More recently, Montgomery's Does Science Need a Global Language? offered a detailed, unparalleled look at the role of English as a global lingua franca in science today and what this means for the scientific community. Praised for its nuanced approach and use of history (discussing past lingua franca of science, such as Greek, Latin, Arabic, Chinese), the book has also been controversial because of its insistence that the global use of English has grown to the point where it is part of science itself, has more pros than cons, and should no longer be viewed as linked to the status and power of the U.S. At the same time, the book spends much space discussing the inequities and biases that have accompanied the rise of English, the impacts on other languages, and also the struggles that many non-anglophone scientists are forced to bear. In an essay-review published in Science, Yael Peled says that the book builds its case "on a comprehensive body of research not only in the history of science but also in linguistics," and that the book raises important questions about "the complex interplay between science, power, and language."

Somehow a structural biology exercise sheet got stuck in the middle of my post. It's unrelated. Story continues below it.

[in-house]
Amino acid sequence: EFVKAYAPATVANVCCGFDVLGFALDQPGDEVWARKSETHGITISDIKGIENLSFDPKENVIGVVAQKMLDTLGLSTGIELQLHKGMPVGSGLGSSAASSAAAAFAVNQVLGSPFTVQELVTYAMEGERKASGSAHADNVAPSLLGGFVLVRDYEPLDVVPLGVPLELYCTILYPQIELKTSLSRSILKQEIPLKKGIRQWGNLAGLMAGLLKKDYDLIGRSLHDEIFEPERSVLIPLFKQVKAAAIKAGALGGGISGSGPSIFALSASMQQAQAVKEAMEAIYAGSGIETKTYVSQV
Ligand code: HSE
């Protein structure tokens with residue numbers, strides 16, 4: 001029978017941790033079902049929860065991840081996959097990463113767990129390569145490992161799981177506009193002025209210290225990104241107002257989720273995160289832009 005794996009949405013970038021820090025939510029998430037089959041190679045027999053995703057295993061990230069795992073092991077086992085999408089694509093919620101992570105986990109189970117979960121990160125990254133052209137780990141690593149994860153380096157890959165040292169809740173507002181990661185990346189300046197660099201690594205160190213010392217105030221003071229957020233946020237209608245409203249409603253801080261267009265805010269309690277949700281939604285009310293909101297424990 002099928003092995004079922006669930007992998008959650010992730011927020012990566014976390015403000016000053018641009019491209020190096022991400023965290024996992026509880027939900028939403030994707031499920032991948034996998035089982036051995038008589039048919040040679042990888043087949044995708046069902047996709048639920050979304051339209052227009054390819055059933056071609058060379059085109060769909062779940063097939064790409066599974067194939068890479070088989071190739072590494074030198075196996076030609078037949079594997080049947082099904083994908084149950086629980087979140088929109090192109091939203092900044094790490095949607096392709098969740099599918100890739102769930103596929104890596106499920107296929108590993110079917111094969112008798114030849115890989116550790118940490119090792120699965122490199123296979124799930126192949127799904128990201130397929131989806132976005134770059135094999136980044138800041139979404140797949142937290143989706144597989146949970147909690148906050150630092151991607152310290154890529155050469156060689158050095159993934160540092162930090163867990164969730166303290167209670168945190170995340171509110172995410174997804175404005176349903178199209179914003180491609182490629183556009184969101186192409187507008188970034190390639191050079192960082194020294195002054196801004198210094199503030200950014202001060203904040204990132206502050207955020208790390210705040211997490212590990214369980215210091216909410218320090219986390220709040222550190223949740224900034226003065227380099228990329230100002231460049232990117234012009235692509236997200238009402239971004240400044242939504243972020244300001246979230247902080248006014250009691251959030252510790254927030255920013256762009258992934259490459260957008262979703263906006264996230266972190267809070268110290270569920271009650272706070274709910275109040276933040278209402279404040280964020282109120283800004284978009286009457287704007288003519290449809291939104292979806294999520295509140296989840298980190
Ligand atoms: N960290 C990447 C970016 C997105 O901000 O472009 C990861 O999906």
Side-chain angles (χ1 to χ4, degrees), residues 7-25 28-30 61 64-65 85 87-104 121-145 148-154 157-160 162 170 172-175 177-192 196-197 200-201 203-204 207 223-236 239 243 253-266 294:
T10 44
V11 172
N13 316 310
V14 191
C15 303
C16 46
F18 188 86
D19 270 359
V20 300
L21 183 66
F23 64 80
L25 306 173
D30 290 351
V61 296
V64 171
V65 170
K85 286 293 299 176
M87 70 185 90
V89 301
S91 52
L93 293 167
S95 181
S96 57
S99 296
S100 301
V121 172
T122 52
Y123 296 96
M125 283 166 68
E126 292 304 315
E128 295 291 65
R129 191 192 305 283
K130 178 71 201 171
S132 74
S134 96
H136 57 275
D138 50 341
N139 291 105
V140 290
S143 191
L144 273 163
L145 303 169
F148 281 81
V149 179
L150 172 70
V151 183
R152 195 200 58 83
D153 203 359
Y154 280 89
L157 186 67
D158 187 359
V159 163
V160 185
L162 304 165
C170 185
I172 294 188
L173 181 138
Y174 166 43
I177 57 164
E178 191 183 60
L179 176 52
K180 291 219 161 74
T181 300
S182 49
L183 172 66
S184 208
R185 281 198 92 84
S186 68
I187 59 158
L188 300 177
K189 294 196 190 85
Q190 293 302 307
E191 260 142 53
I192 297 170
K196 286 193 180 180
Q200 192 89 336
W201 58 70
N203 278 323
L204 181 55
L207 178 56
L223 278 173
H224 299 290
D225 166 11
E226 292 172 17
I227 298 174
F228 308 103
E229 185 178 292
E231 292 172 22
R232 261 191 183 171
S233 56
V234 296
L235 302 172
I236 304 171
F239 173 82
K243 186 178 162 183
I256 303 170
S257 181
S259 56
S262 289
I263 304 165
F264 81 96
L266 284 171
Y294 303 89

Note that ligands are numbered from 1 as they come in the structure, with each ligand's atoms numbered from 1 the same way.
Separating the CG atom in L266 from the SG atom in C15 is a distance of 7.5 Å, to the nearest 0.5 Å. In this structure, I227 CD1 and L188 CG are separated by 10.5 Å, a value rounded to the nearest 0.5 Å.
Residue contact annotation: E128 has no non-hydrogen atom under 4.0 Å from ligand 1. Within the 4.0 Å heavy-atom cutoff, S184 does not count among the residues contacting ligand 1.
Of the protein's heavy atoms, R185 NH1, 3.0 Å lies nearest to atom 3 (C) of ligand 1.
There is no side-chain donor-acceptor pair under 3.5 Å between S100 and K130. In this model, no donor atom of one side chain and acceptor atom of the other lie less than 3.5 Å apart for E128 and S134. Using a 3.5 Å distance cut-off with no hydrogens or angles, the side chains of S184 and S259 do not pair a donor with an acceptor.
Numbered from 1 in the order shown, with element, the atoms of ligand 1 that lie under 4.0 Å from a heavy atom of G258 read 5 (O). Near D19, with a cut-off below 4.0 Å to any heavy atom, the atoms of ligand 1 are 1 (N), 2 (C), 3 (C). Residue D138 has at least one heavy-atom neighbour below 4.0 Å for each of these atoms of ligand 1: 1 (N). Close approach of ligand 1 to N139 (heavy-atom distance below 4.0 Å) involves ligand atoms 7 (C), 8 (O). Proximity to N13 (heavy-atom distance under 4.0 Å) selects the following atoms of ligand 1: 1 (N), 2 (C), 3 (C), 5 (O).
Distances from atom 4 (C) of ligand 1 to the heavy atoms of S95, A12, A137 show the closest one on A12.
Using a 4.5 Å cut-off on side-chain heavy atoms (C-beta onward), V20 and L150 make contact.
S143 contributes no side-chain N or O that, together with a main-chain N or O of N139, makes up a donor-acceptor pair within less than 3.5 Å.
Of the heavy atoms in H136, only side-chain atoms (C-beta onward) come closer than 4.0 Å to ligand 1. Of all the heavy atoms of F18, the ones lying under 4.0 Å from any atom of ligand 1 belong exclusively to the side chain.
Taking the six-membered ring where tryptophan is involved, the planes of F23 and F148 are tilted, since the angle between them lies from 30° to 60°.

In 2015, Montgomery and co-author, Dan Chirot, also in the Jackson School of International Studies (University of Washington), published The Shape of the New: Four Big Ideas and How They Built the Modern World, a work of significant and growing influence. The main premise of this wide-ranging and well-written book is that ideas “do not merely matter; they matter immensely, as...the source for decisions and actions that have structured the modern world.” Whether ideas or a combination of other actors, especially individuals, desire for power, and the response to events, form the driving force(s) behind history has been a long-standing debate within the historical profession. According to Montgomery and Chirot, the role of ideas—those of the Enlightenment in particular—has been too often ignored or belittled in recent decades due to such tendencies as the preference for realpolitik explanations and blanket criticism of Enlightenment thought from left-wing academics who view such thought as the origin of most modern evils, especially colonialism, racism, genderism, etc.